The overarching question imparting urgency to this exploration is: Can U.S.-Russian contention in cyberspace cause the two nuclear superpowers to stumble into war? In considering this question we were constantly reminded of recent comments by a prominent U.S. arms control expert: At least as dangerous as the risk of an actual cyberattack, he observed, is cyber operations’ “blurring of the line between peace and war.” Or, as Nye wrote, “in the cyber realm, the difference between a weapon and a non-weapon may come down to a single line of code, or simply the intent of a computer program’s user.”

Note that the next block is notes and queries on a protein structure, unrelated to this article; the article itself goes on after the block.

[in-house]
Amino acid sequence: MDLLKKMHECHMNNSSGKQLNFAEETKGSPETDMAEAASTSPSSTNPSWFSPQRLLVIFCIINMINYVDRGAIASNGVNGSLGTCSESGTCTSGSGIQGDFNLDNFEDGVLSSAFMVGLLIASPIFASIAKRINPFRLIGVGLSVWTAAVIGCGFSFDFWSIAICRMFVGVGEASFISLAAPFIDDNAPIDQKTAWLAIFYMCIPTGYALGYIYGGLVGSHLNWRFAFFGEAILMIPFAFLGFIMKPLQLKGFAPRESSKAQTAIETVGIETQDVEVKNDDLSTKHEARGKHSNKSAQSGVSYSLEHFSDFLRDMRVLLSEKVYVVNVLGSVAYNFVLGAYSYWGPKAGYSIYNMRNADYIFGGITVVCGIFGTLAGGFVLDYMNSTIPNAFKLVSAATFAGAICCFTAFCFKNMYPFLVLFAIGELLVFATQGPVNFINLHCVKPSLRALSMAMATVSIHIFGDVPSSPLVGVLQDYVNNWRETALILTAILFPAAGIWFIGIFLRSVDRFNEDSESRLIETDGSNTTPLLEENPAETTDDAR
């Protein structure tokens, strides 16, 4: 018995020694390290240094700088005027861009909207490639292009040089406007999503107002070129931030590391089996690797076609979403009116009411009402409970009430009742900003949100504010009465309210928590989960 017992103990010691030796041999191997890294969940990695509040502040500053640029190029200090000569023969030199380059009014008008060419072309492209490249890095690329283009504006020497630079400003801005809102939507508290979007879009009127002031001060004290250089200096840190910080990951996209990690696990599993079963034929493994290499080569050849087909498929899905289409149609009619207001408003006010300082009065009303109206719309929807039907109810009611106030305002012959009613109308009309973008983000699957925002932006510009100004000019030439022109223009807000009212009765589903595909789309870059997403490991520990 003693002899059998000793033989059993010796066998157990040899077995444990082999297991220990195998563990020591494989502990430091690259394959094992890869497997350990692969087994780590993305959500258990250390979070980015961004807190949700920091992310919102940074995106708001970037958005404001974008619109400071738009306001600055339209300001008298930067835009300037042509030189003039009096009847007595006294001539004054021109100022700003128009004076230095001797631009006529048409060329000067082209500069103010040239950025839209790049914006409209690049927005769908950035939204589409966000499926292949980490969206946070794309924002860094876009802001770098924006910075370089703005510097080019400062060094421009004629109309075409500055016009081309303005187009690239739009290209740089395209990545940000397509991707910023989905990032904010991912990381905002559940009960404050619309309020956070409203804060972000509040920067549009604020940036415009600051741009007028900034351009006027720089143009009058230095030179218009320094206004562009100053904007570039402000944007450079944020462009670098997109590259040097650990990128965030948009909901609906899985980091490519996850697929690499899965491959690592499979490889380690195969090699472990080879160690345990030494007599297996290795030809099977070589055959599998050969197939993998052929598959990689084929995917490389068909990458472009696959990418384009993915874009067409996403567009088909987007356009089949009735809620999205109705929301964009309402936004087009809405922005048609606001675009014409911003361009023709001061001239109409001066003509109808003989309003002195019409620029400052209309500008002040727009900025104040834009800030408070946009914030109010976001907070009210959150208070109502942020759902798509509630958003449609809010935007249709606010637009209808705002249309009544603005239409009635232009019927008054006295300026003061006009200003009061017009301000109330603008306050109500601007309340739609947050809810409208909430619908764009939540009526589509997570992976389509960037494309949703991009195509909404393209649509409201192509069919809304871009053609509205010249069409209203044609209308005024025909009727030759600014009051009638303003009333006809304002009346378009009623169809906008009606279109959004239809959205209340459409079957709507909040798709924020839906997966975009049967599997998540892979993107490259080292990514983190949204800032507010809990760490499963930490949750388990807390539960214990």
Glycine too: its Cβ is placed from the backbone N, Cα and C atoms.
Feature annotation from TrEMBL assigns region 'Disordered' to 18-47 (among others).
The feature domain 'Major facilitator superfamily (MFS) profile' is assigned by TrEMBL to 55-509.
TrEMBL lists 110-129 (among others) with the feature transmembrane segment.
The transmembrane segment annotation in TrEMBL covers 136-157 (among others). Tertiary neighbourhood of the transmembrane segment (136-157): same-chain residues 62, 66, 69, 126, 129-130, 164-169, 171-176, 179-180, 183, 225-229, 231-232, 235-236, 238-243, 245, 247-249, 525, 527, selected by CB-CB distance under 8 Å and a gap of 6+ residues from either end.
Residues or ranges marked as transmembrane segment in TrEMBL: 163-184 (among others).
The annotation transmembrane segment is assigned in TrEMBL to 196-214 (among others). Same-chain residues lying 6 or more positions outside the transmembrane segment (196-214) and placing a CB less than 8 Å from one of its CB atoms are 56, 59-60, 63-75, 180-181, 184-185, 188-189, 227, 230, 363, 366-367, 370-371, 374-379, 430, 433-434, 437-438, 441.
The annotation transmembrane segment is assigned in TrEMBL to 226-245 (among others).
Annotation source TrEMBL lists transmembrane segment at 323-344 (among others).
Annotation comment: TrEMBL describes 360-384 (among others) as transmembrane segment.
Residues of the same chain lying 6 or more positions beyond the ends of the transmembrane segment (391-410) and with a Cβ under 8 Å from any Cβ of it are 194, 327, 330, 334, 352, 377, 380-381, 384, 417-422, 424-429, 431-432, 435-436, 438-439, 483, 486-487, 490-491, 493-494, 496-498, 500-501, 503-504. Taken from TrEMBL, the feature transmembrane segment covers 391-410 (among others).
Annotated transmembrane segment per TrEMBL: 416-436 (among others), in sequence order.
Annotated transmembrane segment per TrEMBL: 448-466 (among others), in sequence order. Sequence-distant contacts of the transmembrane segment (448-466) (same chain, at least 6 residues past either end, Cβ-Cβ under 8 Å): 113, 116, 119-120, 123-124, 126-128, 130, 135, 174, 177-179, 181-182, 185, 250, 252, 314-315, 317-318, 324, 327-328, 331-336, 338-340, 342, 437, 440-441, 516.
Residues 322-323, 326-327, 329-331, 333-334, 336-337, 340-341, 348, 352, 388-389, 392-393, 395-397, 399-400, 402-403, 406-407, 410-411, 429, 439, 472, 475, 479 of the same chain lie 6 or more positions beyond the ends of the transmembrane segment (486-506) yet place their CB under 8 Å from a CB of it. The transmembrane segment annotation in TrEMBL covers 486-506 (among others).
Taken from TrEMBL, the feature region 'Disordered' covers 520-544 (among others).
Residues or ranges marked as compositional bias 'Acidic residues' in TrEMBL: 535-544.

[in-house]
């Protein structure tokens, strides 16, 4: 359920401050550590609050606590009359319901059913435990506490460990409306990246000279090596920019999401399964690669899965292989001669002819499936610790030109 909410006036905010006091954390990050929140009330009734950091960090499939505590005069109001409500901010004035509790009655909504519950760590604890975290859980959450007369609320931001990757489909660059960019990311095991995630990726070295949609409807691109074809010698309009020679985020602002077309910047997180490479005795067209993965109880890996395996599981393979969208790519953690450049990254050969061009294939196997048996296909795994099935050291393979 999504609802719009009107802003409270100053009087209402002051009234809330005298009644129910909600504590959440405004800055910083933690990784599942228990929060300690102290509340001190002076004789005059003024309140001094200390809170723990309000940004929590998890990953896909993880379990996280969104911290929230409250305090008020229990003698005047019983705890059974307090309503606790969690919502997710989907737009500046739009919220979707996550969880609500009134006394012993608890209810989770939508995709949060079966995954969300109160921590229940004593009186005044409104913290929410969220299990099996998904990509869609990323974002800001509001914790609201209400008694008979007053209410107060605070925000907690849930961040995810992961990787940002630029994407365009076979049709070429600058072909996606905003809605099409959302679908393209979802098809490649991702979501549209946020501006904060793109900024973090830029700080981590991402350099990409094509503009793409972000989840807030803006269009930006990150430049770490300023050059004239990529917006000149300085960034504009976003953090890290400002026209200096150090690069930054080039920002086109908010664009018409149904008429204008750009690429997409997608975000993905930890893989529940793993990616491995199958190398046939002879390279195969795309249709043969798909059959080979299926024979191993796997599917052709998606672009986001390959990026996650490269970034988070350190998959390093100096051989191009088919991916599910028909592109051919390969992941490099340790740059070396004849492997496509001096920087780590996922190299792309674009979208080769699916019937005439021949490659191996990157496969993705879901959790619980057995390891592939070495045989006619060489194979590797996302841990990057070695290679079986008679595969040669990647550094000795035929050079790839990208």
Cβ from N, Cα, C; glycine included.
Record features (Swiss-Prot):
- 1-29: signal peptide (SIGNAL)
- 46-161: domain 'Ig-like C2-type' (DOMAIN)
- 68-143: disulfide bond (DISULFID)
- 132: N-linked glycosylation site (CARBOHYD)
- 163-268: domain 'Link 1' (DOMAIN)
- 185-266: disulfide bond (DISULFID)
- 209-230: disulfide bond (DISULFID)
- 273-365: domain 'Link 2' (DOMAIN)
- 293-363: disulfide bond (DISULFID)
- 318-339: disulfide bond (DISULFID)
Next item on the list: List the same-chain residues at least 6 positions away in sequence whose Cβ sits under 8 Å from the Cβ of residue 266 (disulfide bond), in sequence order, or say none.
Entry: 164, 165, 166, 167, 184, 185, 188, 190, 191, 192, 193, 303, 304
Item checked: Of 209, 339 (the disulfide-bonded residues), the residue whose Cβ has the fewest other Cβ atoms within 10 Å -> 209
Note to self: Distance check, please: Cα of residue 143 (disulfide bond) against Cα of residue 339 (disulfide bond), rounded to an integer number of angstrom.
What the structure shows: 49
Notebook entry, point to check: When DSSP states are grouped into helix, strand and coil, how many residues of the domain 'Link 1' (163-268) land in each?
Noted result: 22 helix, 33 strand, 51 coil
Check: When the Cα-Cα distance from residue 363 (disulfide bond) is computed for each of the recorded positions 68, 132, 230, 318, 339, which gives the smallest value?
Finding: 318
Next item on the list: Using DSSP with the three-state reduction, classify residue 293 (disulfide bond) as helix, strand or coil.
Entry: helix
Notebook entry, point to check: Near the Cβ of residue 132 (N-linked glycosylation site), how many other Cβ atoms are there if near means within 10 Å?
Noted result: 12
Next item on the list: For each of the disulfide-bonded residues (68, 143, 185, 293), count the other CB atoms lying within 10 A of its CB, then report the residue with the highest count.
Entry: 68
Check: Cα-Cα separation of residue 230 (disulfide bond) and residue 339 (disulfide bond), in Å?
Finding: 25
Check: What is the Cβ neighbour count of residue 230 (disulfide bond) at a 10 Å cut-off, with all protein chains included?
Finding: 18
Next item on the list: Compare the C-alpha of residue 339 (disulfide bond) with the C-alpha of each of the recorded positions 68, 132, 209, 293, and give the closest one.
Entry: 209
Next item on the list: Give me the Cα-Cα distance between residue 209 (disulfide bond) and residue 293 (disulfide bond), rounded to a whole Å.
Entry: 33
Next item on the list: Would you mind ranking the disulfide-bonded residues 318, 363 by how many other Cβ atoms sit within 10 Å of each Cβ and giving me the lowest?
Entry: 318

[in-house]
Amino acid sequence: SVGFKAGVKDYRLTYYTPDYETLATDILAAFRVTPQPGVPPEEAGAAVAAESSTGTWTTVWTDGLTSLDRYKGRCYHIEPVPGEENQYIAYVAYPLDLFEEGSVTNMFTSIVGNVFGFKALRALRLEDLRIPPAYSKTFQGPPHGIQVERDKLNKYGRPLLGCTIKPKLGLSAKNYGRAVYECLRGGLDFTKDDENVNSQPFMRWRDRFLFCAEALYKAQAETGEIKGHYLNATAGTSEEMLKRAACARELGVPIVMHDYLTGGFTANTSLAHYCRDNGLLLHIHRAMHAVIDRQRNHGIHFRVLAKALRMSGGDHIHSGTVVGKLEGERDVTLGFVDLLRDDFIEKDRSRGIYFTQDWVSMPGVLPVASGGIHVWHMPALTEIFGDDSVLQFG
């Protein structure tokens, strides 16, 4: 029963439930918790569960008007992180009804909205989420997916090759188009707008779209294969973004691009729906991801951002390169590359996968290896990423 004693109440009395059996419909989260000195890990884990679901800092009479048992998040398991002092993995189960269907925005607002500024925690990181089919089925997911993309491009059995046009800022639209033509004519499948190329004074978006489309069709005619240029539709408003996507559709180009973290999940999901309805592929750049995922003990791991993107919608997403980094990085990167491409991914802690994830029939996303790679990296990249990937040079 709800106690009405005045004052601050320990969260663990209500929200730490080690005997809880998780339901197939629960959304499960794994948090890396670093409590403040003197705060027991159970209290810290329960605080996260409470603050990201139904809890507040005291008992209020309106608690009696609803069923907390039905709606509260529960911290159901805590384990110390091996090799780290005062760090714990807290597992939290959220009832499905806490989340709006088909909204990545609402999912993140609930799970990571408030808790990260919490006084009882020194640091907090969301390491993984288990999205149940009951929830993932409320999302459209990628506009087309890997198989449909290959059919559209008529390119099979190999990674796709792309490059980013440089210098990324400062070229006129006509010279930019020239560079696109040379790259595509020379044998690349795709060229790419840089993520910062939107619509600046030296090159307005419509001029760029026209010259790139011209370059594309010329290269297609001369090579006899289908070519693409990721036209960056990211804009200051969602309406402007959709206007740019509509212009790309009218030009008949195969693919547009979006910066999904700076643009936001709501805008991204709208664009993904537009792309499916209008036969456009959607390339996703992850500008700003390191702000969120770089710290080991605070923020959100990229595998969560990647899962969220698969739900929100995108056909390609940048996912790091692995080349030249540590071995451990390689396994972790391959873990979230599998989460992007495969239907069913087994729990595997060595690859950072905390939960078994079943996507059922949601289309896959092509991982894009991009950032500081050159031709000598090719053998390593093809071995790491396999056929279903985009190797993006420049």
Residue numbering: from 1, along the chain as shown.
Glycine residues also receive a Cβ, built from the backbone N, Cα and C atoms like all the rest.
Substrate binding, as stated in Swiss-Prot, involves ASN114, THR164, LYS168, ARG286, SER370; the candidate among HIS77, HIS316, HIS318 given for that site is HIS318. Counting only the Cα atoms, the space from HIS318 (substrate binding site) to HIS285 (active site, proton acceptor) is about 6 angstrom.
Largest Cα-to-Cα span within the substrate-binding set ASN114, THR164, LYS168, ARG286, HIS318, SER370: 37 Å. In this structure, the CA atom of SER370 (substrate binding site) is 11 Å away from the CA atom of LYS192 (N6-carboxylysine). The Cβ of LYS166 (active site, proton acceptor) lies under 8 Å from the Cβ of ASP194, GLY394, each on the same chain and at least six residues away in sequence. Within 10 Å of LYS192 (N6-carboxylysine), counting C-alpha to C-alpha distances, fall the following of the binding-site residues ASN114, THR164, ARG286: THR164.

Eleanor Freund is a Ph.D. candidate in security studies and international relations, with a substantive interest in Chinese statecraft and security policy. Her dissertation project seeks to explain variation in China's security partnerships with other states from 1949 to the present. She holds an M.A. in global affairs from Tsinghua University in Beijing, where she was a Schwarzman Scholar, and a B.A. in political science with highest honors from the University of California, Berkeley.
Prior to joining MIT, Eleanor was a research assistant and associate at the Harvard Kennedy School’s Belfer Center for Science and International Affairs and a James C. Gaither Junior Fellow in China Studies at the Carnegie Endowment for International Peace.Last Updated: